Improve Your Mental Health When Working From Home

Improve Your Mental Health When Working From Home

I need to have a rethink about my mental health. What with one thing another I’ve got into some really bad habits when I work from home that aren’t helping.

  • In my dressing gown til 12? Tick
  • Working without breaks? Tick
  • Getting tired, irritable and burnt out? Tick
  • Forgotten how to enjoy myself and relax? Tick
  • Not spending enough time interacting with other human beings? Tick

What with being very focused and enthusiastic about recording and editing my new Going Rogue podcast series (which has been joyful but has taken up a lot of time) and dealing with a dad who has dementia, things have tipped out of balance recently.

And I’ve realised that overworking and not have enough boundaries and structure in my day, is a) not enjoyable and b) not sustainable.

So, here’s some simple new ideas I’m going to test out:

  1. Do a co-working day once a week
  2. Take more breaks and go outside
  3. Get washed and dressed and made up by 9am every day
  4. Introduce some tasks that have a strong sense of completion to my day. I put a lot of energy into marketing myself at the moment – which doesn’t often have an immediate outcome. Combine this with trying to deal with authorities and persuade them to implement care for my dad (which is not going brilliantly), then I have a lot of uncertain outcomes going on. So I’m trying to make sure that I have a few tasks a week where there’s a clear reward of finishing. I can feel a big Marie Kondo decluttering plan coming on!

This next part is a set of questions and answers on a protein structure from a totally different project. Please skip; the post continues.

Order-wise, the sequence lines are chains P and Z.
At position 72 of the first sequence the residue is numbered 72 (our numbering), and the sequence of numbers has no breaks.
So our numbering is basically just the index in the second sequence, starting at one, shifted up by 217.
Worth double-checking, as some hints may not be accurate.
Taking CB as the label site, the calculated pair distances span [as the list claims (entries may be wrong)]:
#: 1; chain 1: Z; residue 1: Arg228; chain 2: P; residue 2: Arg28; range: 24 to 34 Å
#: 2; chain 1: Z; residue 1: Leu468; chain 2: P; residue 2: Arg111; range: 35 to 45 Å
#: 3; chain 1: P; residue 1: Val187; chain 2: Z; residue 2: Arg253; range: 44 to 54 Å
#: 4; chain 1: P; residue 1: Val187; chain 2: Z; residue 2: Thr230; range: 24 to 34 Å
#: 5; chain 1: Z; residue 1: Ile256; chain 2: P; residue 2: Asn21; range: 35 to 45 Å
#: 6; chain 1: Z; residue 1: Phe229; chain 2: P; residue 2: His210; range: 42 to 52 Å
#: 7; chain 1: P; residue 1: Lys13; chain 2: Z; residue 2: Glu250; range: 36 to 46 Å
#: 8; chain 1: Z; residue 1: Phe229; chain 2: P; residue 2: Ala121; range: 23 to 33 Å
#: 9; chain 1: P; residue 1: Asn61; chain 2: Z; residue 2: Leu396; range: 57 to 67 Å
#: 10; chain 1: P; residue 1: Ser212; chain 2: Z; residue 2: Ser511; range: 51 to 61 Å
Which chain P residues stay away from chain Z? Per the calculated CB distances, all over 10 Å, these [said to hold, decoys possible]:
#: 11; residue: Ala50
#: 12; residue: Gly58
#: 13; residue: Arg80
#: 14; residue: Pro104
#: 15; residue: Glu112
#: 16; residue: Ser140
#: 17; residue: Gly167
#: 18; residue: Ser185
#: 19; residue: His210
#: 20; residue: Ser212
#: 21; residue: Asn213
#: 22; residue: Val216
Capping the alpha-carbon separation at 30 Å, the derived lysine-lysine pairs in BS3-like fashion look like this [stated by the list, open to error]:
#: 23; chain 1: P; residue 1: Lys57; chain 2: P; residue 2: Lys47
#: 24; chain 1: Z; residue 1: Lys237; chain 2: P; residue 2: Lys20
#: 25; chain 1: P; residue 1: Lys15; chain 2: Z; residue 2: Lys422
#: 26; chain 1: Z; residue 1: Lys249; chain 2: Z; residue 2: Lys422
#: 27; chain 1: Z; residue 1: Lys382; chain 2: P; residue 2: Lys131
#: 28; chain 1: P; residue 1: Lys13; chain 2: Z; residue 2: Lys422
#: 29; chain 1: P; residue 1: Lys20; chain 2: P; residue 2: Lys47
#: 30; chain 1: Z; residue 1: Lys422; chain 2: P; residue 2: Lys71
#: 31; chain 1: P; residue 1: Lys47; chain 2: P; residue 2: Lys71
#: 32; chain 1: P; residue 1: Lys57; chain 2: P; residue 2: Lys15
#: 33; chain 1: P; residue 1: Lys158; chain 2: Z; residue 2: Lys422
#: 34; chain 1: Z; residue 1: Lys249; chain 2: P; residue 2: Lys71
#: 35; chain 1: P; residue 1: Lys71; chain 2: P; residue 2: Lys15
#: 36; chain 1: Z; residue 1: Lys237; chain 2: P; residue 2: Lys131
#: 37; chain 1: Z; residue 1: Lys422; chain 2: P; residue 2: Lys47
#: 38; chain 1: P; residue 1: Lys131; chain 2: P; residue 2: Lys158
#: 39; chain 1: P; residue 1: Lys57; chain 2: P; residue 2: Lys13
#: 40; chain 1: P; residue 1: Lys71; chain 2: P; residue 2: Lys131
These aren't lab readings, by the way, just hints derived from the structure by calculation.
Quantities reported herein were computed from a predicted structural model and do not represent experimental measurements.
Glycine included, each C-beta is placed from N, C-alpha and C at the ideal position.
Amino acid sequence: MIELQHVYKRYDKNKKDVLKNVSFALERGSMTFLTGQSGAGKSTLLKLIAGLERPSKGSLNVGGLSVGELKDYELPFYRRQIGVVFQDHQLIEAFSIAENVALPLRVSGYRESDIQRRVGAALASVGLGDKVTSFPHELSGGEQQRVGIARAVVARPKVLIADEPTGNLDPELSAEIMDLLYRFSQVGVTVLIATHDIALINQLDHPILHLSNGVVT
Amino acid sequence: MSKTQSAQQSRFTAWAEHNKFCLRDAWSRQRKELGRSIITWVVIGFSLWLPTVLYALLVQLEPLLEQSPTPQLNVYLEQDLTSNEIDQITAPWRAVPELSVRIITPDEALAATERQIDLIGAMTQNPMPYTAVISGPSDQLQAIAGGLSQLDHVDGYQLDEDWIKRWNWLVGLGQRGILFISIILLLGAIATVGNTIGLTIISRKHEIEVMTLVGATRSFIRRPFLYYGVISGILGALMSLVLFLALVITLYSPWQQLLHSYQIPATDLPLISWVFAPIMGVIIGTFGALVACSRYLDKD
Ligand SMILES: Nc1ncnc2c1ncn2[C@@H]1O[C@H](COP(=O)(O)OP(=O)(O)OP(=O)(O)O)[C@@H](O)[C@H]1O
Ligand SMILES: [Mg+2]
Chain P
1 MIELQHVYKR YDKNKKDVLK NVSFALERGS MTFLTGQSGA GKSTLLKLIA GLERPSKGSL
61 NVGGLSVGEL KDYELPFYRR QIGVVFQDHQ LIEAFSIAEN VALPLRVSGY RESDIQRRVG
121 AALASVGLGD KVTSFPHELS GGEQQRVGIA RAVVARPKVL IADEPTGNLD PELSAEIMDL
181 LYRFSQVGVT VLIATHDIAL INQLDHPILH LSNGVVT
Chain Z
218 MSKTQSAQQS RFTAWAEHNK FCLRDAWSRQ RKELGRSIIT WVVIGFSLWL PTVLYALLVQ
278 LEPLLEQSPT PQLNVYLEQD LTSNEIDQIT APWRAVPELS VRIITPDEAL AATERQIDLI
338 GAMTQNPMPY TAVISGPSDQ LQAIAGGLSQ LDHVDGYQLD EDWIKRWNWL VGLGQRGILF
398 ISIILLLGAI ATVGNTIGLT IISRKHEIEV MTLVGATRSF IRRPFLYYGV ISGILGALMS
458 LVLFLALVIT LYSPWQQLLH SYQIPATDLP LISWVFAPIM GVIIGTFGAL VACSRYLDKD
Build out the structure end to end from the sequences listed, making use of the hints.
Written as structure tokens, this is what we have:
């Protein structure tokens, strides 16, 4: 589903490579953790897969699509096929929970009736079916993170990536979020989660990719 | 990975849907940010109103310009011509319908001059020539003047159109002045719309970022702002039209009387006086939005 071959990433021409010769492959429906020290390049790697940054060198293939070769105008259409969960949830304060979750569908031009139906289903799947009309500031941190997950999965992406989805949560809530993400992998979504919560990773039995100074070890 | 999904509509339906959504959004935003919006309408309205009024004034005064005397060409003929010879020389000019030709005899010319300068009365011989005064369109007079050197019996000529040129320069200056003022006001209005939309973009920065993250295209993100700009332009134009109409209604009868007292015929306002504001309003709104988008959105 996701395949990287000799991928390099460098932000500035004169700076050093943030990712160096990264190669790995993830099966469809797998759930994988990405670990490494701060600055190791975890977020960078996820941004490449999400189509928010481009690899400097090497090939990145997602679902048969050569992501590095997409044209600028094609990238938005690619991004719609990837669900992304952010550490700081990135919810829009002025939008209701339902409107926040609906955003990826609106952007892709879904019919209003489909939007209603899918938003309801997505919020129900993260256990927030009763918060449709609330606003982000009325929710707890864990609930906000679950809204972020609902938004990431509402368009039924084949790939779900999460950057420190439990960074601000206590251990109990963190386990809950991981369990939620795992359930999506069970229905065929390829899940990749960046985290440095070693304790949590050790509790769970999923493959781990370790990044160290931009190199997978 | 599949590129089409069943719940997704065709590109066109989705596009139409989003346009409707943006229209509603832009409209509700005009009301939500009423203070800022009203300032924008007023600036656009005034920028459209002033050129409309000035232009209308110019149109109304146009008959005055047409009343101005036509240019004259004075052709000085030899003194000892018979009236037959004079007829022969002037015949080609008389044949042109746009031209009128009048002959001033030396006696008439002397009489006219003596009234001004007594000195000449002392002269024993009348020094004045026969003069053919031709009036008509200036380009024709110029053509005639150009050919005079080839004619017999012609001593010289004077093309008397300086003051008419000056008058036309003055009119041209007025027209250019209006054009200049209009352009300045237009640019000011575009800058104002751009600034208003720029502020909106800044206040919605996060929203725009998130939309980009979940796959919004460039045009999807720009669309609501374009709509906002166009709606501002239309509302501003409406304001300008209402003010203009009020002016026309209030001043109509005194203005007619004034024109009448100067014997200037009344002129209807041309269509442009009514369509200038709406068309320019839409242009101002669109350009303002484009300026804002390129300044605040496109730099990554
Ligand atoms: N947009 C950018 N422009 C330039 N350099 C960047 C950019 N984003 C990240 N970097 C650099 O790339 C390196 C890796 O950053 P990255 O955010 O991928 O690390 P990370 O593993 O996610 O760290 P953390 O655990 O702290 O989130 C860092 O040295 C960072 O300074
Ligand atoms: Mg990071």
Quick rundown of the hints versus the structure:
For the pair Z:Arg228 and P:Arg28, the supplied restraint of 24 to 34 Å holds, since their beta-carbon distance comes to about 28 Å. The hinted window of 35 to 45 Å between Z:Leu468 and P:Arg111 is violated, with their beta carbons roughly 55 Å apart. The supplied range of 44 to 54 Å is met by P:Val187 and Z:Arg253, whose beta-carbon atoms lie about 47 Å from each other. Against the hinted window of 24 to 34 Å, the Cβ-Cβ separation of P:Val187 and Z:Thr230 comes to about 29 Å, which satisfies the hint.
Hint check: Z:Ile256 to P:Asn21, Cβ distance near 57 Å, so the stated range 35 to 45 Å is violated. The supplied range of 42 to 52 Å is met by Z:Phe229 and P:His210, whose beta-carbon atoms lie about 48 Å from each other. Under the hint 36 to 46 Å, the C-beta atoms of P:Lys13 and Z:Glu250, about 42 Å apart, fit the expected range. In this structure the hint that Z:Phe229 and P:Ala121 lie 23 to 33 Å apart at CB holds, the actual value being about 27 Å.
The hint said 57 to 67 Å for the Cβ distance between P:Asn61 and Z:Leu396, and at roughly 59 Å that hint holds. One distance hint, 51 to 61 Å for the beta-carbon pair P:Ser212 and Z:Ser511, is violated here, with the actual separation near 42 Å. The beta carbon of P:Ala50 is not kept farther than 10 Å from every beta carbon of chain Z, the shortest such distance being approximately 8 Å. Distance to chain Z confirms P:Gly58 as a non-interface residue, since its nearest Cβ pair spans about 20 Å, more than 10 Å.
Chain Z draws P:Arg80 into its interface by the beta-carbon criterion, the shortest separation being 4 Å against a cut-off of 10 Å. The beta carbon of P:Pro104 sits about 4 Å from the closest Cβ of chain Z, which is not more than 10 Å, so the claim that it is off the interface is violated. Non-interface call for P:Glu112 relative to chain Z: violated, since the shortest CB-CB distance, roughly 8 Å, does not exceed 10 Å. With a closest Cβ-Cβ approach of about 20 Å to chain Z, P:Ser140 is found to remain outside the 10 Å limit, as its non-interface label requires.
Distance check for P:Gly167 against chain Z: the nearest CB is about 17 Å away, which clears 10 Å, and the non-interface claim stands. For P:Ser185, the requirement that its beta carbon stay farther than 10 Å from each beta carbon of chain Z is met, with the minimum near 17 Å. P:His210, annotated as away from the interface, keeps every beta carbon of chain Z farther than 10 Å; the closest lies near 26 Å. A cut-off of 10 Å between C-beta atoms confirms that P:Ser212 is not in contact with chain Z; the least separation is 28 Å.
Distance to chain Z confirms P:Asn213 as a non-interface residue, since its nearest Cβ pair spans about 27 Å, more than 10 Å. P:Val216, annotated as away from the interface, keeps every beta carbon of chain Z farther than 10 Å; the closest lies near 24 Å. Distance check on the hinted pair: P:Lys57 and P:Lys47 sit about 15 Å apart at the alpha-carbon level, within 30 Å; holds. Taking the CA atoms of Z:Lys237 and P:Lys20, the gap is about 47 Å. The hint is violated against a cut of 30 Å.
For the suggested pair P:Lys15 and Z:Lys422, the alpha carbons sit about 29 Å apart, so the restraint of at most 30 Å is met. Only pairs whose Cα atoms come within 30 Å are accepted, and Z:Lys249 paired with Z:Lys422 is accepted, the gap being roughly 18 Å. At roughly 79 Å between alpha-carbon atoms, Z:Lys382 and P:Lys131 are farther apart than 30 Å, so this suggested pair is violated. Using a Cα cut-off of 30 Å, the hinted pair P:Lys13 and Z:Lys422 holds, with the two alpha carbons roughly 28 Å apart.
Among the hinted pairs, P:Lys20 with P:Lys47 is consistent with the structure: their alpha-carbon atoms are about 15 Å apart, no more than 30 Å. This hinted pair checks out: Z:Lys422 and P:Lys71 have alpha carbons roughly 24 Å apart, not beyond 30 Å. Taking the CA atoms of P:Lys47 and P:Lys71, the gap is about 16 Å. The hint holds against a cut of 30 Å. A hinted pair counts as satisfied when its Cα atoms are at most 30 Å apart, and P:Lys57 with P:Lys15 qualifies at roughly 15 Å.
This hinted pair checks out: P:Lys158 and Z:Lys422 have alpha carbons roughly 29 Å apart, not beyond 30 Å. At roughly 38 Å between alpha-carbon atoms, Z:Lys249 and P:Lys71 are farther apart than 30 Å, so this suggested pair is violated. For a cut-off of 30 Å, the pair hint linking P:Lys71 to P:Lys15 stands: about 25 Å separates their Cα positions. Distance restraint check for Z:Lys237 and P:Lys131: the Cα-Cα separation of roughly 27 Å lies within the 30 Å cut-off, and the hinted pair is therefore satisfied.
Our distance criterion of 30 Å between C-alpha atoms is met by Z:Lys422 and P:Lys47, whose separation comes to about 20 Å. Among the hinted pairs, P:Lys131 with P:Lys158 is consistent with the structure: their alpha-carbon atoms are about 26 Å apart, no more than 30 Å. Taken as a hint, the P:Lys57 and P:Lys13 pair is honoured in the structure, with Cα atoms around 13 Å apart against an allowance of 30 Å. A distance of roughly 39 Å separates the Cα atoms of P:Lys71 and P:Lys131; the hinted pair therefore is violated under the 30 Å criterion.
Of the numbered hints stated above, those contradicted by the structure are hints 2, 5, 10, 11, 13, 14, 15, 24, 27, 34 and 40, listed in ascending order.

5. Work out how much time I spend working. At the moment I’ve no idea how many hours a week I work. I think it’s time I start making a record – I need to include things like networking and ‘thinking time’ because it’s all about work. And I think I should have a minimum number of hours I work – say 35 hours a week. And then try to make sure that when I choose to do more than that I’m aware that I’m going into that time. I think this will help me be more purposeful about my use of time.
  6. Finally try and observe my feelings, moods, energy levels on a daily basis. And notice what lights me up workwise and what drags me down. I’m a big fan of journaling, but I’ve neglected it lately. But I think it can be a great way of understanding yourself and giving yourself clarity and direction.

So, watch this space in the next few weeks as I’m going to give all of this a go and report back.

I know that working out how to look after your mental health if you’re self employed is extremely important and something that I think everyone who works for themselves has to address. I’d love to hear about your tips and experiences .

If you enjoyed reading this you might like to read My Enormous Personal Development Journey Since Going Self Employed

Photo credit: Jill Jennings